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Thread: My questions thread.

  1. #91
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    Is the CI framework the one most liked by developers?

    Hmm, I wonder which one is most hated
    The better I get at programming, the more I appreciate arrays. Handy dandy things they are.

  2. #92
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    Usually the best-liked one is whichever one you've learned. Some prefer Zend for its wealth of features and ability to pick and choose which parts you want to use. Some like Lithium for its support of all the latest PHP features and language constructs.
    "Please give us a simple answer, so that we don't have to think, because if we think, we might find answers that don't fit the way we want the world to be."
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  3. #93
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    Depends on the developer, if they want lightweight and near complete control barebones with rapid development, security, scalability.. yes.

    If it's basically a clone of most CMS, codeigniter may not be the best decision because it takes longer to develop cookie cutter websites with.

    Right tool for the job, most custom applications CI is great. If you're looking at more common CMS - ExpressionEngine is great, which is also built off of CI. It's like a professional level wordpress. Greater speed, security, better quality support. It costs $$ but is worth it.

    CakePHP, Joomla and those type of frameworks are a lot more bloated feature packed and in a sense restricted. I find there are more 0day exploits, lesser quality developer community (in average sense.. not saying everyone is bad.. some of the best work with those aswell). You'll find those are used on medium sized websites with lower $$ investments and need for extreme development speed, and no care for hardware required to deploy.

    I tend to combine frameworks and cms into 1 for some strange reason when I shouldnt. I consider EE a framework *shrug*
    Last edited by mistin.ca; 08-22-2012 at 01:18 PM.

  4. #94
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    Quote Originally Posted by mistin.ca View Post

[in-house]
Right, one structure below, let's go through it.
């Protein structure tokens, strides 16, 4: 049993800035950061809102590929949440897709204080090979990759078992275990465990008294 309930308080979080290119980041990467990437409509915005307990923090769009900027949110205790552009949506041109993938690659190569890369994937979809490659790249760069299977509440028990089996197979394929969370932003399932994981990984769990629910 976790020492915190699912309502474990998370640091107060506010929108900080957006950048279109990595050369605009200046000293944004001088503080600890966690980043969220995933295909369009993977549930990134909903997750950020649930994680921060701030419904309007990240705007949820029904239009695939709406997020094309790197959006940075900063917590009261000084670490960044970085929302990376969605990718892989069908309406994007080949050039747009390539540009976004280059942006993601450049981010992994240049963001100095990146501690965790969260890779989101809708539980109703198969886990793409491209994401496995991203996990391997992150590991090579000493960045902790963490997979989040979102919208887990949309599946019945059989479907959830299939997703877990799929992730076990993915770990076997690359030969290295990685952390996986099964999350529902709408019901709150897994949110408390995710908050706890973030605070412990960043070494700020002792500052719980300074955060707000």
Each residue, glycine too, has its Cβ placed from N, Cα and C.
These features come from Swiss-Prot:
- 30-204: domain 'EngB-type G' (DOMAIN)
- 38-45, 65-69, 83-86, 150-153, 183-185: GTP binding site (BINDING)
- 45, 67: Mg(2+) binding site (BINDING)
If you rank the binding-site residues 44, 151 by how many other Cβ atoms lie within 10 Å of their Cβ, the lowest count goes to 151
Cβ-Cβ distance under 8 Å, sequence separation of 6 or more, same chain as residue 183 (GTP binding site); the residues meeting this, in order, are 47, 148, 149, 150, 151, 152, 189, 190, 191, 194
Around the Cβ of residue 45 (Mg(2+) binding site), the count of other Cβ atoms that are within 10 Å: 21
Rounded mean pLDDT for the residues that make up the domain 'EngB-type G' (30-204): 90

Depends on the developer, if they want lightweight and near complete control barebones with rapid development, security, scalability.. yes.
    That sounds like me I like to build sites from scratch because I am so darn fussy and want to design it MY way, but I can give up a little bit of that to a framework if it's going to help me put sites together in a faster and more organized fashion, with less worry of having the shiz hacked out of them. I hope when I'm coding for money I can mostly make sites from start to finish, or it might suck, just a bit. I don't like deciphering walls of code that I didn't write >.>
    The better I get at programming, the more I appreciate arrays. Handy dandy things they are.

  5. #95
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    Hmm, I'm wondering a few things about CodeIginter:

    1) If you use Active Record's update() and delete() methods, and forget to use a where() before doing so, will it update/delete your entire table or are there safeguards put in to prevent this?

    In the 4 years I did PHP, I was writing MySQL queries by hand, and I never accidentally did this, but it might be in the cards :P It only takes one screw up and there goes a whole table. You can restore to a backup, sure, but you lose what was changed between the backup and the catastrophe.

    2) I think I am going to really dig method chaining for database queries. The code you construct looks similar to hand written queries, which is what I'm used to. What is you guy's opinion on doing this? Any drawbacks?

    3) Looking through the system files, CodeIgniter appears to use PDO, however, is this just an option or does it use mysqli_* too? I prefer PDO but I'm curious about this.
    The better I get at programming, the more I appreciate arrays. Handy dandy things they are.

  6. #96
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    Most likely PDO is actually using MySQLi (when using a MySQL DB, that is), in that it probably uses the same MySQL API that the MySQLi extension uses.